The Worst Case Scenario

Reasoning with extremes is a particularly useful strategy to solve some problems. It can also be seen as a “worst case scenario” strategy. The best way to appreciate this kind of thinking is through example. So let’s begin to appreciate some really nice reasoning strategies.
In a drawer, there are 8 blue socks, 6 green socks, and 12 black socks. What is the minimum number of socks you must take from the drawer, without looking, to be certain that you've 2 socks of the same color?
The phrase “……. certain ……. two socks of the same color” is the key to the problem. The problem does not specify which color, so any of the three would be correct. To solve this problem, have reason from a “worst case scenario.” You pick one blue sock, one green sock, and then one black sock. You now have one of each color, but no matching pair. (True, you might have picked a pair on your first two selections, but the problem calls for “certain.”) Notice that as soon as you pick the fourth sock, you must have a pair of the same color.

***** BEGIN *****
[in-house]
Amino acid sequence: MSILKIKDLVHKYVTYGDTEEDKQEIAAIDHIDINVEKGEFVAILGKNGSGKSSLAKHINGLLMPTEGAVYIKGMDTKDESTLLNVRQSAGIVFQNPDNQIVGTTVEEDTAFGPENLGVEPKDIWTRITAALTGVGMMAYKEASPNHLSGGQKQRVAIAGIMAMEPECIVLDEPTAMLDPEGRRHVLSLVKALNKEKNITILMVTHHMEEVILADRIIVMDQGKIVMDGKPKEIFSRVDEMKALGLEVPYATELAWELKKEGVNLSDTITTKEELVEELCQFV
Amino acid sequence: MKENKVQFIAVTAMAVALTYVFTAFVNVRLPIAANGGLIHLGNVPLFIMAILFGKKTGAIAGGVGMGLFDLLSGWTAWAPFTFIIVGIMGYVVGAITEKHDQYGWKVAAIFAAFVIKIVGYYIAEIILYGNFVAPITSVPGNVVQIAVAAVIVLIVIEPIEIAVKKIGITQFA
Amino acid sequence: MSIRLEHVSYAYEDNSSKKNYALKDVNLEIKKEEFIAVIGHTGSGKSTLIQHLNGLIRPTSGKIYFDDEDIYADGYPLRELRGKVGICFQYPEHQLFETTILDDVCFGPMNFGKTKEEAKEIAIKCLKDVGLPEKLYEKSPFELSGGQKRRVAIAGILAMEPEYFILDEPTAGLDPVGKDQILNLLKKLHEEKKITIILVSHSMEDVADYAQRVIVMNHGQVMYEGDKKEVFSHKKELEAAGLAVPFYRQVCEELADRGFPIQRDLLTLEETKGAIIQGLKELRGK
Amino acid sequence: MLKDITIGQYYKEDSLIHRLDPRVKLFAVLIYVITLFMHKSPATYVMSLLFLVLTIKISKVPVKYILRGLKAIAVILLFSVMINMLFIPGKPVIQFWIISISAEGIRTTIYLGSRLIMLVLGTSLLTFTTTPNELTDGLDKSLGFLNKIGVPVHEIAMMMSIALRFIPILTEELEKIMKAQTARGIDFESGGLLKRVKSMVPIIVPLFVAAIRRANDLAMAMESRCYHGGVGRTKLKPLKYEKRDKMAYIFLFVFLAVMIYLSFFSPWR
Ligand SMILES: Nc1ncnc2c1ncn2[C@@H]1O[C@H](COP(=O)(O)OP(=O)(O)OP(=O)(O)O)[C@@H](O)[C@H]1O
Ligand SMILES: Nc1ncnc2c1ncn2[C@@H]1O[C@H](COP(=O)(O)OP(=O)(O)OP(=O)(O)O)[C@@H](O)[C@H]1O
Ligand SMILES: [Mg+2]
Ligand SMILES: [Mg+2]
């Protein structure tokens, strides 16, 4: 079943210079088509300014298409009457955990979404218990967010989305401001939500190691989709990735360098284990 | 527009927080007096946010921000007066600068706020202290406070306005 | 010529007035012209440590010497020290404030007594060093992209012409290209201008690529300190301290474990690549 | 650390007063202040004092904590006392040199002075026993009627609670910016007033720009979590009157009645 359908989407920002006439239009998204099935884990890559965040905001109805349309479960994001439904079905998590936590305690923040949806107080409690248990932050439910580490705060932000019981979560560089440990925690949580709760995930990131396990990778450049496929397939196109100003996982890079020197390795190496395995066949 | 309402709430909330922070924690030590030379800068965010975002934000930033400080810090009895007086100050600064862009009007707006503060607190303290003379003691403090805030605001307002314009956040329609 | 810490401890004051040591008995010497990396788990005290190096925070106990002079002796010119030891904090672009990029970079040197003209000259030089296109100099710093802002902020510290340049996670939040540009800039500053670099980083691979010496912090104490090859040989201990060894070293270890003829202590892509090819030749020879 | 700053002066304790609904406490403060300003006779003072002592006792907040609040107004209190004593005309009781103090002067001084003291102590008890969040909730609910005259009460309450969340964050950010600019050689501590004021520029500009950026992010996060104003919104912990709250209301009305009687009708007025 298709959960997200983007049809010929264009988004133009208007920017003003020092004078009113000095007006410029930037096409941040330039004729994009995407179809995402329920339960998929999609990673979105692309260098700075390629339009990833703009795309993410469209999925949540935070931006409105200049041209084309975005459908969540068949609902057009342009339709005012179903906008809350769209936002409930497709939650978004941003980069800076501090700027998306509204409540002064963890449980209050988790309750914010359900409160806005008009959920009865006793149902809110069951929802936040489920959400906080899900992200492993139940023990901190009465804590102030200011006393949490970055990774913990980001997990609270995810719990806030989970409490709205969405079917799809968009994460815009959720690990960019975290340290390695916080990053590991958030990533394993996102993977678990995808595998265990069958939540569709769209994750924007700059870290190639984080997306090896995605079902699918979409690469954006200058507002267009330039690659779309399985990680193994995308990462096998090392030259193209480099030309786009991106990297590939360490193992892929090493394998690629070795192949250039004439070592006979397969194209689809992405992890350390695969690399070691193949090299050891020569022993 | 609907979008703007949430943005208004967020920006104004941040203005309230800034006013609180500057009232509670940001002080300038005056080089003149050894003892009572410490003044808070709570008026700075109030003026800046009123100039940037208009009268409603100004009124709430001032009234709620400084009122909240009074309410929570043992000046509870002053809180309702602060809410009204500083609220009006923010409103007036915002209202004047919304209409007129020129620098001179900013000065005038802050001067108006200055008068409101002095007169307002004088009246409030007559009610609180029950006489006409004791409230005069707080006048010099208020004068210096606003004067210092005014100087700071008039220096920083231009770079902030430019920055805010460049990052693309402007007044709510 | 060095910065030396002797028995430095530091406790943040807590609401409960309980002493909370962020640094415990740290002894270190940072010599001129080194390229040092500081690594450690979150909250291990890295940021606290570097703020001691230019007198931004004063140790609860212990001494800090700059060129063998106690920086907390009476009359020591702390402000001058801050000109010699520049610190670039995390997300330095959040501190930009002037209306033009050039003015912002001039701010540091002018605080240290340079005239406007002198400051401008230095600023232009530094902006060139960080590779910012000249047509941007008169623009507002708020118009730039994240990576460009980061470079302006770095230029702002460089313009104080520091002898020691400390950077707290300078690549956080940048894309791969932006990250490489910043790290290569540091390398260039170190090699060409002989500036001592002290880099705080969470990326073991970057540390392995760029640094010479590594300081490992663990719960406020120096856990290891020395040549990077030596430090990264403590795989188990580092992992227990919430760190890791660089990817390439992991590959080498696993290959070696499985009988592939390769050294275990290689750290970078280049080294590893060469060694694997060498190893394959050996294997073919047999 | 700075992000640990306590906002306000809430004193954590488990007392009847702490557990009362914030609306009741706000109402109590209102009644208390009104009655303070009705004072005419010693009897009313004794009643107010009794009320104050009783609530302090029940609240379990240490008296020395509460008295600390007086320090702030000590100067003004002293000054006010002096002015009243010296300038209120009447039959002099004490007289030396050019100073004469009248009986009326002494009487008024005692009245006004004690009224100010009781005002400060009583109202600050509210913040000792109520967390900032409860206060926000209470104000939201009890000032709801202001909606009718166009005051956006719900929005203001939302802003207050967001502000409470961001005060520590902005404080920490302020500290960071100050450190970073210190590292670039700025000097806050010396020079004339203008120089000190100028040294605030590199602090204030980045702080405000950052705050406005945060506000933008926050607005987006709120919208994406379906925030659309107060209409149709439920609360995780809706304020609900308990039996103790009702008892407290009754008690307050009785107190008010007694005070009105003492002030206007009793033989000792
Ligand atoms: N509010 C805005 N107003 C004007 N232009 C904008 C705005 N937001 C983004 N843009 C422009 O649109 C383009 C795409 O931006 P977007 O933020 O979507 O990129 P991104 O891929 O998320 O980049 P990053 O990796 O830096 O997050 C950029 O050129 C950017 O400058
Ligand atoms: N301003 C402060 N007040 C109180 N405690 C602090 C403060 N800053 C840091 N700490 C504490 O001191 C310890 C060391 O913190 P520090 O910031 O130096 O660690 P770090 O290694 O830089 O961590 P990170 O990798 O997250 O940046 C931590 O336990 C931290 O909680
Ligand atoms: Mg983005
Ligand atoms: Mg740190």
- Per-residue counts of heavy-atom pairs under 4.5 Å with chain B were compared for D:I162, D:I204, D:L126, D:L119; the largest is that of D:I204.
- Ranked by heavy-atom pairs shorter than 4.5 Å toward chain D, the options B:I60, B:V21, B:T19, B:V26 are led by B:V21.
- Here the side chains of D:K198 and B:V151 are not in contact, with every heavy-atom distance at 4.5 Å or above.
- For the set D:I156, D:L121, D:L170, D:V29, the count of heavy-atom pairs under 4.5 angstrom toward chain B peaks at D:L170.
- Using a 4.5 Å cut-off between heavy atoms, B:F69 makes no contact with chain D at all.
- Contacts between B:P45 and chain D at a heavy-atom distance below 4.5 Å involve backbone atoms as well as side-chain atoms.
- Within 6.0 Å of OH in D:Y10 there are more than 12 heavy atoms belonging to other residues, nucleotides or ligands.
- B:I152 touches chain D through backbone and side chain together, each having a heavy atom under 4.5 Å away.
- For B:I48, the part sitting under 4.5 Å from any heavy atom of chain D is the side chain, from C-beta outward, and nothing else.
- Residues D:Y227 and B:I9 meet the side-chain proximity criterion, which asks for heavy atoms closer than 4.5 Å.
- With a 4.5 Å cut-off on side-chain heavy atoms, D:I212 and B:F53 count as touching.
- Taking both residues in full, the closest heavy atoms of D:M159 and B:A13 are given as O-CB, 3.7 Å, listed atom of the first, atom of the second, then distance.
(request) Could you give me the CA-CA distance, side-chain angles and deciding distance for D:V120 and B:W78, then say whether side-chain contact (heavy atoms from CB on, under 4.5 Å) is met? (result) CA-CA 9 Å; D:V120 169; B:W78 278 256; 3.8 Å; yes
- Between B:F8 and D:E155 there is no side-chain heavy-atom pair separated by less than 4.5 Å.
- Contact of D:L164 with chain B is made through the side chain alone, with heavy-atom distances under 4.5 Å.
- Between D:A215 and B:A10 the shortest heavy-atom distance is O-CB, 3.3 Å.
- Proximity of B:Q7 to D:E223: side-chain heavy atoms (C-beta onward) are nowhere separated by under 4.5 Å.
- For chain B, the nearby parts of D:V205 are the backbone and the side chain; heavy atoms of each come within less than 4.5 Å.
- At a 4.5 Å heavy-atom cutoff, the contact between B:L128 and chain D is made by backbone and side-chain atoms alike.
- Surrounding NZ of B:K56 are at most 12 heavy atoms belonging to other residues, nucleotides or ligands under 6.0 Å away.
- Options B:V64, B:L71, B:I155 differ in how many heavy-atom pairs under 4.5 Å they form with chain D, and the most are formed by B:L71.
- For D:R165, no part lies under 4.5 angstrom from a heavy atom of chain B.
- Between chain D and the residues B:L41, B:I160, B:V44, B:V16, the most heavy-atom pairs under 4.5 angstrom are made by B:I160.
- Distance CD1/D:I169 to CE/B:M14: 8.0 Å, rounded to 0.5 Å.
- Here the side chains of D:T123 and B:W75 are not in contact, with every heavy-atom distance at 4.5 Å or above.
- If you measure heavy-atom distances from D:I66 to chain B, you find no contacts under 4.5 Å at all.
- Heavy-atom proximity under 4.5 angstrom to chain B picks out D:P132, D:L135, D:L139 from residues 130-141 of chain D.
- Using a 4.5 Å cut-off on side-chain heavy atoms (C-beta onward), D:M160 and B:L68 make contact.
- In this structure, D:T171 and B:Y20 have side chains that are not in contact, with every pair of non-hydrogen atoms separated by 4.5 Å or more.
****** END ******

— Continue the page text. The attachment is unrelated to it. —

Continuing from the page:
Consider a second problem:
In a drawer, there are 8 blue socks, 6 green socks, and 12 black socks. What is the minimum number of socks you must take from the drawer, without looking; to be certain that you've two black socks?
Although this problem appears to be similar to the previous one, there is one important difference. In this problem, a specific color has been specified. Thus, it is a pair of black socks that we must guarantee being selected. Again, let’s use deductive reasoning and construct the “worst case scenario.” Suppose you first pick all of the blue socks (8). Next you pick all of the green socks (6). Still not one black sock has been chosen. You now have 14 socks in all, but none of them is black. However, the next two socks you pick must be black, since that is the only color remaining.

To be certain of picking two black socks, you must select 8 + 6 + 2 = 16 socks in all.